A Bitter Belief

Jack: What kind of movies do you pre­fer, the ones with the sad end­ings or the hap­py ones?

Claire: The sad ones def­i­nite­ly. I like movies that make me cry.

Jack: Then you’re with the right guy.

Jack is the lead­ing man. Such screen time is only reserved for pro­tag­o­nists, though anti-hero’s fit this mould too. You want to root for him, to dis­cov­er that in the end he’s smart enough to give up the crim­i­nal life, to stay out of trou­ble, to tru­ly appre­ci­ate the one who loves him. That’s what Claire is bank­ing on too.

She wants to ful­fill the dream that she’ll get the bad boy, and she’ll be the one for whom he gives up his crim­i­nal life. A sto­ry that’s been told time and time again, in life and on the screen. But he won’t, and that makes her want him even more.

Through their rela­tion­ship, you have a hard time believ­ing that any­one would be so self-destruc­tive to fall for a guy like this, the way you don’t believe a pro­fes­sion­al assas­sin would sud­den­ly devel­op a con­science when dis­cov­er­ing that his mark is a 12-year-old girl. But this is Hollywood, and we’re lead to believe that any­thing is pos­si­ble.

And as he cleans Claire’s blood off his bed­room floor, you real­ize that it’s hard­er to believe he was able to fill a buck­et of water from the faucet when he just got out on parole and his util­i­ty bills have been unpaid for over a year, than a girl falling in love with some­one so bad for her. After all, life has not proven oth­er­wise.

This qui­et­ly fills you with bit­ter­ness.


  1. Women. Want. To. Change. Men.

    Unfortunately, very few suc­ceed. I can’t blame them for the effort. After all, it’s for the bet­ter. GIRLS want bad boys. I don’t believe WOMEN do.

    I’m a stoned-faced, hard nosed Marine Corps drill instruc­tor… who loves chil­dren and sap­py movies and cud­dly things. Women want to change me, with­out know­ing me.

    I’m bit­ter for this with­out real rea­son.

    • I think you have every rea­son to be bit­ter about this. You’re being judged quite unfair­ly when these women don’t tru­ly know you.

  2. Bitterness. Not so much as the desire to prove them wrong. If Hollywood is any indi­ca­tion of main­stream ide­al­ism of love, then by all means, I’ve always sought to show that those ideas can be chucked out the win­dow.

    There are women in the world who don’t want to change the men they are with. Just as there are men in the world who want to change the women they are with. You just need to know what kind of per­son you’re more com­fort­able with. Girls who want bad boys or women who are sick and tired of it.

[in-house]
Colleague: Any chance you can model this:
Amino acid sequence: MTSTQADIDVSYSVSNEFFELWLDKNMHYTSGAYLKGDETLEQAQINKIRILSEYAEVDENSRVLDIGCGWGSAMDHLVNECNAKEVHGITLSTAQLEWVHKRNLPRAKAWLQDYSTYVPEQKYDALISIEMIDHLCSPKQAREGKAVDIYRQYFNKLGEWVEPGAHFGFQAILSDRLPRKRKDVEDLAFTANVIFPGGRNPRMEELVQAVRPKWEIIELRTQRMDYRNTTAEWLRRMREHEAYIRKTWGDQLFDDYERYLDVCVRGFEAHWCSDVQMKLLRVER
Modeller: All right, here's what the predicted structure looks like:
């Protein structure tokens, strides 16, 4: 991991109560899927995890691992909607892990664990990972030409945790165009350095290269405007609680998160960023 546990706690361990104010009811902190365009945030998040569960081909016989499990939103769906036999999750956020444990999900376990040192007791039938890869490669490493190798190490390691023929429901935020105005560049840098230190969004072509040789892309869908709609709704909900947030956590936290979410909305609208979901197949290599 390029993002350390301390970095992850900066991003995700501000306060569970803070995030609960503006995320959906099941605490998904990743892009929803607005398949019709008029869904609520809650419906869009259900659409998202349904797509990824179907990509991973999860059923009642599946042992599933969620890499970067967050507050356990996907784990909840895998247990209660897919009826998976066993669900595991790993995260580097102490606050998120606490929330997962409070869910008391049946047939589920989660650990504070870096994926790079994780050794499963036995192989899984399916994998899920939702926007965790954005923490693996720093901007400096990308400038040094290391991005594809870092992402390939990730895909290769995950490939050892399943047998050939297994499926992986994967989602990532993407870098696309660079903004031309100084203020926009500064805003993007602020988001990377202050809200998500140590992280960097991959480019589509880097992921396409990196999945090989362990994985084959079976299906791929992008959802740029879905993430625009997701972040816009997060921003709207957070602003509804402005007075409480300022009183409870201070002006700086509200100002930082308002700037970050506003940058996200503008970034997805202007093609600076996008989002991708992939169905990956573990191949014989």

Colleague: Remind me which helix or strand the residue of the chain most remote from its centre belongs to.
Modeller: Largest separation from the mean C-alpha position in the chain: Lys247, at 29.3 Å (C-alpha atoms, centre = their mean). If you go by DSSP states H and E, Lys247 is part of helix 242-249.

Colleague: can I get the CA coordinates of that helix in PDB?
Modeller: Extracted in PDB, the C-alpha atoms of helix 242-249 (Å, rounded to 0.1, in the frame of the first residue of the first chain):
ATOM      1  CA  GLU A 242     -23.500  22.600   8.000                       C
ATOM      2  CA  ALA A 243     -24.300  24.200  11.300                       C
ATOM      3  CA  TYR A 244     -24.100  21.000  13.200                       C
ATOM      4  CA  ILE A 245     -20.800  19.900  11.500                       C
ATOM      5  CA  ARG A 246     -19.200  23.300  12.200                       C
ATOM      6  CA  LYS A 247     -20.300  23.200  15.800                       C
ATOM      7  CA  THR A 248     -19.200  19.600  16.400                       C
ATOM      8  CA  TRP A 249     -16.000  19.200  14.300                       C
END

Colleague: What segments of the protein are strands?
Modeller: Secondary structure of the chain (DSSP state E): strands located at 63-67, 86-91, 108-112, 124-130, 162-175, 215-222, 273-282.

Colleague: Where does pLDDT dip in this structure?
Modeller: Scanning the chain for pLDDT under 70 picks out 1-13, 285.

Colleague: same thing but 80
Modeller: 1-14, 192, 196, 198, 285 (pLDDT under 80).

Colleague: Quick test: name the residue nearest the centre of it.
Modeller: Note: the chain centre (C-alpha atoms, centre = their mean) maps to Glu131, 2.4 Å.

For this rea­son I stopped going out with women whom I know are uncom­fort­able with the mor­bid sense of humour and curios­i­ty that I hold on to. Stuck with those that do like a change in per­cep­tion. The ben­e­fit to that, we both stay the same and we both change at the same time with­out notic­ing it. That kind of mutu­al sym­bio­sis in a rela­tion­ship, whether you’re good or bad, is what we should all look for.

    • You bring up a good point. It’s very hard for me to be with some­one who wants to change me. Maybe I’m just too old now, or too stub­born, but I don’t want to change to fit the needs of some­one else (unless it’s an improve­ment that’s in line with my own per­son­al prin­ci­ples). I like me.

  3. I don’t think that women start out want­i­ng to change men. (Girls may, but not women). However, there are two pit­falls that inevitably hap­pen simul­ta­ne­ous­ly:

    1) Men often hide all their bad boy behav­iour until we’re awash with hyp­no­sis and can’t believe they’d do some­thing awful; and
    2) Women are prone to being glassy eyed roman­tics any­way and often mis­read obvi­ous signs due to
    a) fairy­tale and hol­ly­wood rub­bish and altru­ism
    b) girl­friends’ and peers’ mis­in­for­ma­tion and
    c) Misinformation from Mom lurk­ing beneath every­thing
    that makes her feel crap­py about her­self.

    I think c) is the big one that fells most women.

    • What piss­es me off is that I believe I don’t think any of those points relate or apply to me, and yet I’m the one who has to deal with the con­se­quences of them.

  4. You’re so very right. They don’t. It sucks.

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